Atmospheric Chemistry and Physics, vol. 10, issue 12 (2010) pp. 5565-5572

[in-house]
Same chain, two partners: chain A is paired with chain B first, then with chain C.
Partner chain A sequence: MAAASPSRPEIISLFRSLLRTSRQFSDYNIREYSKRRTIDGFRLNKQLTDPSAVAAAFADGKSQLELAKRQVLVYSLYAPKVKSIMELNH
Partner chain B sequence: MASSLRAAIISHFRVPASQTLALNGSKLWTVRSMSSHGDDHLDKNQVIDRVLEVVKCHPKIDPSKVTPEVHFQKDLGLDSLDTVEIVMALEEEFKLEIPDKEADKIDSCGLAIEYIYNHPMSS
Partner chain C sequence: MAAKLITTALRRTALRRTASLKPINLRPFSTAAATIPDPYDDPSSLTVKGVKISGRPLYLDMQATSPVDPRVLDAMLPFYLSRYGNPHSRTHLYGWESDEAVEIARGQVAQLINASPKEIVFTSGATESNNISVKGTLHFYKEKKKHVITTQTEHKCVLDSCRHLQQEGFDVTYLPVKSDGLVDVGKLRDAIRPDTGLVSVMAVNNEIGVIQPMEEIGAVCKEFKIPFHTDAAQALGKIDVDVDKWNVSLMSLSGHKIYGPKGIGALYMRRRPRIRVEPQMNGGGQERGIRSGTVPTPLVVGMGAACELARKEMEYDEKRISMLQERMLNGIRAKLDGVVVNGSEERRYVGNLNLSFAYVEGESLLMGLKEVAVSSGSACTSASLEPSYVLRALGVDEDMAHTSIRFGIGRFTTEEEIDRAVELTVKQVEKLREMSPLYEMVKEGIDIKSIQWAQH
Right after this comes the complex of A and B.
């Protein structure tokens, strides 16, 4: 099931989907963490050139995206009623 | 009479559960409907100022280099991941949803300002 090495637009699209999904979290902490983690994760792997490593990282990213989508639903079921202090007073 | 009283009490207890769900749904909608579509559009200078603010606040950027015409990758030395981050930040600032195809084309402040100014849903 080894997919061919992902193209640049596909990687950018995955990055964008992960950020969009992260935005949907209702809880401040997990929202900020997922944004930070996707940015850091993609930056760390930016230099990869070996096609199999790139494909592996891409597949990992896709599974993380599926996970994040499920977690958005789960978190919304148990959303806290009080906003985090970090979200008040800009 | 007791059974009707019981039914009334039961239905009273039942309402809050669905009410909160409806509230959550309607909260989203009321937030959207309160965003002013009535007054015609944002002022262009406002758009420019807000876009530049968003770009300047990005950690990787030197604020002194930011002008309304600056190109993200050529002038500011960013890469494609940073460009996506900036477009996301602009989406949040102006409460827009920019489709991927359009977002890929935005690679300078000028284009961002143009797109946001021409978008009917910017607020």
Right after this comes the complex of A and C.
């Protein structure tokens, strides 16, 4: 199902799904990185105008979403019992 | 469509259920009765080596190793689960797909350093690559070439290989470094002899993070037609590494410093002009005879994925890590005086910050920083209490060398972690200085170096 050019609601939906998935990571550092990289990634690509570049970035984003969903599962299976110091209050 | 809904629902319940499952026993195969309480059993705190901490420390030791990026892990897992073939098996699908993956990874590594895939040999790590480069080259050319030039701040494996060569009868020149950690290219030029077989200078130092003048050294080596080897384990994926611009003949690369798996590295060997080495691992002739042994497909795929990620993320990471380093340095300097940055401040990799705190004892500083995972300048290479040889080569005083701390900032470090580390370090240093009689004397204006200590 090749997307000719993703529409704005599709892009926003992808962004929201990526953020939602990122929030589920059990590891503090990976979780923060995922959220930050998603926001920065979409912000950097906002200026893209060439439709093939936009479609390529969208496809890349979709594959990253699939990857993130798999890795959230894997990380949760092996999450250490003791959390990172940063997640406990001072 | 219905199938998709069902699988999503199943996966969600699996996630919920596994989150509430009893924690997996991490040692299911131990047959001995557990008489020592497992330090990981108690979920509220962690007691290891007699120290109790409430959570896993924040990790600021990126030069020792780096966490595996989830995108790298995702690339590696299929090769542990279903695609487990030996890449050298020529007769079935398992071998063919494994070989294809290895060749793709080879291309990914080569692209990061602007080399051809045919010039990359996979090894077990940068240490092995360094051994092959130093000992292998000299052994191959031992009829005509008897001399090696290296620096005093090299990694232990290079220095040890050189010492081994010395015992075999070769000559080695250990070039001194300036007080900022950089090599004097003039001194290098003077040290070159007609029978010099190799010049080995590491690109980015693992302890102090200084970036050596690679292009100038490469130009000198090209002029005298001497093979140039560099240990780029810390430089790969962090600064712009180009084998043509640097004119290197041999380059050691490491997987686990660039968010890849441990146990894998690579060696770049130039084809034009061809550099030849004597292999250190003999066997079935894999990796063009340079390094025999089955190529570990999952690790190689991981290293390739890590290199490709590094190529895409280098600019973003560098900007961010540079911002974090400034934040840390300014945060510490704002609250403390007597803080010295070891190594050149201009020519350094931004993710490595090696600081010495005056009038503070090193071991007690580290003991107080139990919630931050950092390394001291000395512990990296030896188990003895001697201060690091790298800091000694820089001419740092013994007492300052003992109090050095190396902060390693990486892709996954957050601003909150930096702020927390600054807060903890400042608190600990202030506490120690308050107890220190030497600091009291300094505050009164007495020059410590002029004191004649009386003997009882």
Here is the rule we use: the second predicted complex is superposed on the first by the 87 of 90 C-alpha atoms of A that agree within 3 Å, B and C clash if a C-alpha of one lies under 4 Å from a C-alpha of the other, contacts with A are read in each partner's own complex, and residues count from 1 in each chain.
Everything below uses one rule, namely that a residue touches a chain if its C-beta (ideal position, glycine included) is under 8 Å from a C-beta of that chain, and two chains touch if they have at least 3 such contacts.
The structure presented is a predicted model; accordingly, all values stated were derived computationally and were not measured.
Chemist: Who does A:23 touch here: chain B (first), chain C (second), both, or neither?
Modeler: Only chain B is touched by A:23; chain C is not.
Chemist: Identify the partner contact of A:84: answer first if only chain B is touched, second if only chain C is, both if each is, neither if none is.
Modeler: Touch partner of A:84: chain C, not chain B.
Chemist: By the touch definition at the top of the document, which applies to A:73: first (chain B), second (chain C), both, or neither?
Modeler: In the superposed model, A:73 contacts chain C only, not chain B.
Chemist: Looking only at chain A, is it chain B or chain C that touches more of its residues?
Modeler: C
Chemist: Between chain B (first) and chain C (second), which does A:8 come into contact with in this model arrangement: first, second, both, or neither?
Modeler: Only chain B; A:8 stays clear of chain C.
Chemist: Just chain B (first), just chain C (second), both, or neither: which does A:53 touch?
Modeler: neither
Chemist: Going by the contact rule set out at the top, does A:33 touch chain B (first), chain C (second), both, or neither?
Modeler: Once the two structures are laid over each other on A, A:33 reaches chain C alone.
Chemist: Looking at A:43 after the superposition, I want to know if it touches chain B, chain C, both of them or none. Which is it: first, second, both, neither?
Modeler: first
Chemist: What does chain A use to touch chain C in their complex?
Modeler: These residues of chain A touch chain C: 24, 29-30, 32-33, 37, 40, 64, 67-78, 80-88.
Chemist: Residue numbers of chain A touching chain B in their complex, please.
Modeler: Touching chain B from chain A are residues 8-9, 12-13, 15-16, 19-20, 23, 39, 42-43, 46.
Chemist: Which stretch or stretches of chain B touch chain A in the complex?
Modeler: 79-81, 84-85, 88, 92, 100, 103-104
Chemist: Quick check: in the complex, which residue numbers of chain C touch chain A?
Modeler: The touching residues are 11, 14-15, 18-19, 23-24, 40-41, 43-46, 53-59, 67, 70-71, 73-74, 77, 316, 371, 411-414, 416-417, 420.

Temperature inversions are one of the dominant features of the Arctic atmosphere and play a crucial role in various processes by controlling the transfer of mass and moisture fluxes through the lower troposphere. It is therefore essential that they are accurately quantified, monitored and simulated as realistically as possible over the Arctic regions. In the present study, the characteristics of inversions in terms of frequency and strength are quantified for the entire Arctic Ocean for summer and winter seasons of 2003 to 2008 using the AIRS data for the clear-sky conditions. The probability density functions (PDFs) of the inversion strength are also presented for every summer and winter month. Our analysis shows that although the inversion frequency along the coastal regions of Arctic decreases from June to August, inversions are still seen in almost each profile retrieved over the inner Arctic region. In winter, inversions are ubiquitous and are also present in every profile analysed over the inner Arctic region. When averaged over the entire study area (70 degrees N-90 degrees N), the inversion frequency in summer ranges from 69 to 86% for the ascending passes and 72-86% for the descending passes. For winter, the frequency values are 88-91% for the ascending passes and 89-92% for the descending passes of AIRS/AQUA. The PDFs of inversion strength for the summer months are narrow and right-skewed (or positively skewed), while in winter, they are much broader. In summer months, the mean values of inversion strength for the entire study area range from 2.5 to 3.9 K, while in winter, they range from 7.8 to 8.9 K. The standard deviation of the inversion strength is double in winter compared to summer. The inversions in the summer months of 2007 were very strong compared to other years. The warming in the troposphere of about 1.5-3.0K vertically extending up to 400 hPa was observed in the summer months of 2007.
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